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    Stage Door Johnny

    At 13, he sneaked into the Odense Theater backstage and told all the actors of his love for acting. He was certain he would be known throughout all Denmark. He was given a tiny part in an operetta Cendrillon. He stated to his mother, “First you go through terrible suffering, and then you become famous."

    Now his life was all about pleasing people and earning their approval.

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    Learn a Trade

    At 14, it was customary for boys to learn a trade. His mother had an apprenticeship with a bookbinder or a tailor in mind for him, but he wept at the thought. His soul was burning for the art of acting.

    His mother gave a mail-coach driver six shillings to drive her son to big city of Copenhagen, where he would seek his fortune with just a small bundle of clothes. At 14 years old, he had saved up 13 rigsdaler (Danish currency). A wise crone in the poorhouse foretold his success after reading her coffee grounds.

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    Stubborn Soprano

    Violence directed at Jews—evidence of Denmark’s’ last pogrom—met Hans in Copenhagen, but he steadfastly persevered. He managed to wrangle his way into the Royal Theater’s singing school, but when the high notes of his aging soprano failed him, he took bit parts until a philanthropist arranged a scholarship for him to attend Latin school and to receive the education he never had. He was now 17 while his classmates were 11 and 12.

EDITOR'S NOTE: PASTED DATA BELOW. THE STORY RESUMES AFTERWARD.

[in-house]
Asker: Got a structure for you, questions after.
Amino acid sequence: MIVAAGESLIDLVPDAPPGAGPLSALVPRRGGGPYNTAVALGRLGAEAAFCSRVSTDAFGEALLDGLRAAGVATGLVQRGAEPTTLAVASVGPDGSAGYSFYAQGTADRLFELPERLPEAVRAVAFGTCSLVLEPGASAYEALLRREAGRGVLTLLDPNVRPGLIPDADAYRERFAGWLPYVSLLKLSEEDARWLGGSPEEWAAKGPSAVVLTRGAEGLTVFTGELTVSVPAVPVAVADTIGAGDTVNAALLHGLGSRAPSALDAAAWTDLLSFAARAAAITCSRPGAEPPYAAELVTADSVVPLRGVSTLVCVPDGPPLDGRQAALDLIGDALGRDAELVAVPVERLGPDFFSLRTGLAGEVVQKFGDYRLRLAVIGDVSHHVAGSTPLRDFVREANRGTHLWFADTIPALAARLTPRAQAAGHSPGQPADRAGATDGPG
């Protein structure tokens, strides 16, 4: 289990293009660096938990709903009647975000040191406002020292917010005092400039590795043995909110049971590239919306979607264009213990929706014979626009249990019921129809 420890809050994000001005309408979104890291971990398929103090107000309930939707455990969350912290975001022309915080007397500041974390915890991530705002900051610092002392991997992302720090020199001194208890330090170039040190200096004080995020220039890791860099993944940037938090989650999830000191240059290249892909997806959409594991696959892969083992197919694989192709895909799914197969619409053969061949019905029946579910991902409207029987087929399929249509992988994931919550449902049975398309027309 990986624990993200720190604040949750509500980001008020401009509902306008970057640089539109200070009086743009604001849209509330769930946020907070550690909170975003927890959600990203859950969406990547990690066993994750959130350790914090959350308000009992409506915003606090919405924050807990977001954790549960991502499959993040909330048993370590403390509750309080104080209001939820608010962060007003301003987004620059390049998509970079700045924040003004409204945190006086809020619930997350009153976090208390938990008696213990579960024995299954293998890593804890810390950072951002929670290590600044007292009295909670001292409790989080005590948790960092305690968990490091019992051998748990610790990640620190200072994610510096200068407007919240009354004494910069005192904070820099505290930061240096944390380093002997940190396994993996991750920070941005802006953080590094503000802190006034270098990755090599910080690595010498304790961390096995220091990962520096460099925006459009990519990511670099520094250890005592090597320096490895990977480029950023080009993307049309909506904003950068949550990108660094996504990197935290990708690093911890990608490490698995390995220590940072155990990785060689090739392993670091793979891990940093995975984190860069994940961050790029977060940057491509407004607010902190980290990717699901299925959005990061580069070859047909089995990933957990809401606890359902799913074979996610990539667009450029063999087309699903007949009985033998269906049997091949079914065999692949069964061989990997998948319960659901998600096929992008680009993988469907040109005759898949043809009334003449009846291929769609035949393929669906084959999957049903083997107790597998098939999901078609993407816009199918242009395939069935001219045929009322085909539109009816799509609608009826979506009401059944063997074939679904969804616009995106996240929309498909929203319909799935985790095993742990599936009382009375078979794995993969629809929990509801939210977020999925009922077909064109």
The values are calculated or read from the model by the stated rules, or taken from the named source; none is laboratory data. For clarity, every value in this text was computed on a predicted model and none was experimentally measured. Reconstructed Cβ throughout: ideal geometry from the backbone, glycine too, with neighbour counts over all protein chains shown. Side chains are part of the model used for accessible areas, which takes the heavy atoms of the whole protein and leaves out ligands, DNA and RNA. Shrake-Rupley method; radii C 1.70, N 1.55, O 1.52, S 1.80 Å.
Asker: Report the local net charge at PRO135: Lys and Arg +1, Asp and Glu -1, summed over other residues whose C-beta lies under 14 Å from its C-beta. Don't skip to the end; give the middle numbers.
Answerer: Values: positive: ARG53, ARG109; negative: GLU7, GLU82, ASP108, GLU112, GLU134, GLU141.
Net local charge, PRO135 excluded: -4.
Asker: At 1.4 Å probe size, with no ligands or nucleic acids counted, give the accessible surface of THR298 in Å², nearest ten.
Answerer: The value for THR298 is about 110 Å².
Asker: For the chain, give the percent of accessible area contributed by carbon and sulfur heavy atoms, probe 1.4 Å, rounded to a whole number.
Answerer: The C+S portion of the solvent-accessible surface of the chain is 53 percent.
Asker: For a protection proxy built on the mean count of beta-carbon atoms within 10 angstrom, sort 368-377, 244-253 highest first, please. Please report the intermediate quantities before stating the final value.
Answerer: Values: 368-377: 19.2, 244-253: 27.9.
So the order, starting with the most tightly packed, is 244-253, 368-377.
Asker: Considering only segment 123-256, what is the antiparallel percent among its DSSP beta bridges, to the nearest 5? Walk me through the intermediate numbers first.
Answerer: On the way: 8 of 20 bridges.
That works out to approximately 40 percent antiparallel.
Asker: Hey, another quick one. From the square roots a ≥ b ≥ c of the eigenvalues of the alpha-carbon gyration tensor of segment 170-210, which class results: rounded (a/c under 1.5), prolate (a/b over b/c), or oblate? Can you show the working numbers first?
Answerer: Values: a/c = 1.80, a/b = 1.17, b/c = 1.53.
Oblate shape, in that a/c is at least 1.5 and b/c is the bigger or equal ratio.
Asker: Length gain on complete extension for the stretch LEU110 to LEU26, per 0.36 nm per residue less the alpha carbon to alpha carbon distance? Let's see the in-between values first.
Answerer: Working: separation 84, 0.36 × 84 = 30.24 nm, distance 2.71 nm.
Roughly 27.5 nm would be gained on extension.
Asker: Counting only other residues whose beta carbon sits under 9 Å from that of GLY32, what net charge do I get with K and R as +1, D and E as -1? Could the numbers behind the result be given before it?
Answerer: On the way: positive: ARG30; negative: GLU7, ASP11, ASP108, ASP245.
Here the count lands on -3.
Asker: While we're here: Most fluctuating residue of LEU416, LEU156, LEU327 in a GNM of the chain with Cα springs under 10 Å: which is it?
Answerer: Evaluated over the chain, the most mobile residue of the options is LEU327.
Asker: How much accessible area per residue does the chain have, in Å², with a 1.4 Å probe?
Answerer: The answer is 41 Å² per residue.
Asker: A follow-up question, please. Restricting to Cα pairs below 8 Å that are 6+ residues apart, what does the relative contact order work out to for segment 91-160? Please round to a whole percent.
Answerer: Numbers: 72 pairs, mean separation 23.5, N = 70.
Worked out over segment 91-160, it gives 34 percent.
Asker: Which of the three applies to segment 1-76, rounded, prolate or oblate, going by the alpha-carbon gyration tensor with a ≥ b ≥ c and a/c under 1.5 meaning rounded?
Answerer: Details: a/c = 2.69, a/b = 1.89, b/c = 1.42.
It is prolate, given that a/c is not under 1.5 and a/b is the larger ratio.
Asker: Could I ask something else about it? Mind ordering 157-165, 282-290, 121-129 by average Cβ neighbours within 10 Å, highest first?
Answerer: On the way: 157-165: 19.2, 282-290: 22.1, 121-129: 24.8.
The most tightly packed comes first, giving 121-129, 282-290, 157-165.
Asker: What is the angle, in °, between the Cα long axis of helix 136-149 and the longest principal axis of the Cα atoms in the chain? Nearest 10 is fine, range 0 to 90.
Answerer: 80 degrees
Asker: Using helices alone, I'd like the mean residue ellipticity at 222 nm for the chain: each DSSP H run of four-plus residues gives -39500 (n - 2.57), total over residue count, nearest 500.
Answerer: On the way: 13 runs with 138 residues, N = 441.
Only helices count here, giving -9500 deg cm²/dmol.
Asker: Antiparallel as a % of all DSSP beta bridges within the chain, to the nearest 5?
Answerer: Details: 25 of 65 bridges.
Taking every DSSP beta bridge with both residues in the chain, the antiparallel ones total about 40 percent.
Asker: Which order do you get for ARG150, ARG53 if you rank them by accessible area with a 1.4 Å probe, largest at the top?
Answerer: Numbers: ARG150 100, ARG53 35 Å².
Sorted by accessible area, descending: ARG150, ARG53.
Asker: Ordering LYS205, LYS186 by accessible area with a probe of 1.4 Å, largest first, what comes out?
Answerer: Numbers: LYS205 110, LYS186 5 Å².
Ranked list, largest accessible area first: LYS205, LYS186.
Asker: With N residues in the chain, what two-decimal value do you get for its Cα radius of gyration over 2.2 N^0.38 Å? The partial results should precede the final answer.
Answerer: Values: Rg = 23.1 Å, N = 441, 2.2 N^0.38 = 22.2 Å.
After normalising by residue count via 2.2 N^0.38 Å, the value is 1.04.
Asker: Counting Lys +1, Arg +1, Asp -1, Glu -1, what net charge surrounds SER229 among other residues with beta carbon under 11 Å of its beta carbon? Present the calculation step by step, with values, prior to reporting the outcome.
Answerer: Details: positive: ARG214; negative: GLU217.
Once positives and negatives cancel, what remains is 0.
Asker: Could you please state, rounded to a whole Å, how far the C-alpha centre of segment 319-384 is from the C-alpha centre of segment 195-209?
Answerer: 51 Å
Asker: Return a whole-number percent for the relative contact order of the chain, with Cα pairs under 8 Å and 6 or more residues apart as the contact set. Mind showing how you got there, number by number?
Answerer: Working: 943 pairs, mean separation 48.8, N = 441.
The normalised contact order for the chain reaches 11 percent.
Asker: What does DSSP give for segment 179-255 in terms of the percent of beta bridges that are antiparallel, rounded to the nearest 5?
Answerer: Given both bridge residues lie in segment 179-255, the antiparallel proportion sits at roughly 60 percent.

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    From Vulnerable to

    Hans Christian Andersen was bullied for his protruding prodigious nose, his tusk-like teeth and gangly limbs. Even the headmaster tormented him. As an outlet, he took to his poems and at 22, published one in a Danish paper. This was all the encouragement he needed.

    Unfortunately, his mother died in the Odense poorhouse in 1833, never to learn of her son’s meteoric rise to fame.

    It was his belief in himself and his abilities that overcame the razor cuts of his life. He never let tragedy deter him, putting himself in the paths of influential people who might notice his genius. Despite countless rejections, over his 50-year career he produced 36 plays, 6 travel books, 6 novels, hundreds of poems, and nearly 170 tales and stories, notably some favorites:

    • The Little Mermaid
    • The Nightingale
    • The Snow Queen
    • Ugly Duckling
    • The Emperor’s New Clothes
    • The Princess and the Pea
    • Thumbelina

    No longer unknown, he traveled the world, dined with kings and was friends with the Brothers Grimm and Charles Dickens.

    His books were made into movies, ballets, television shows, ice revues and stage musicals. He is still considered a genius today.

References

  • Yolen, Jane. Hans Christian Andersen: The Perfect Wizard. New York: Dutton Children’s Books, 2004. Book.
  • Binding, Paul. Hans Christian Andersen: European Witness. Yale University Press
  • Hesse, Karen. The Young Hans Christian Andersen. New York: Scholastic Press, 2005. Book.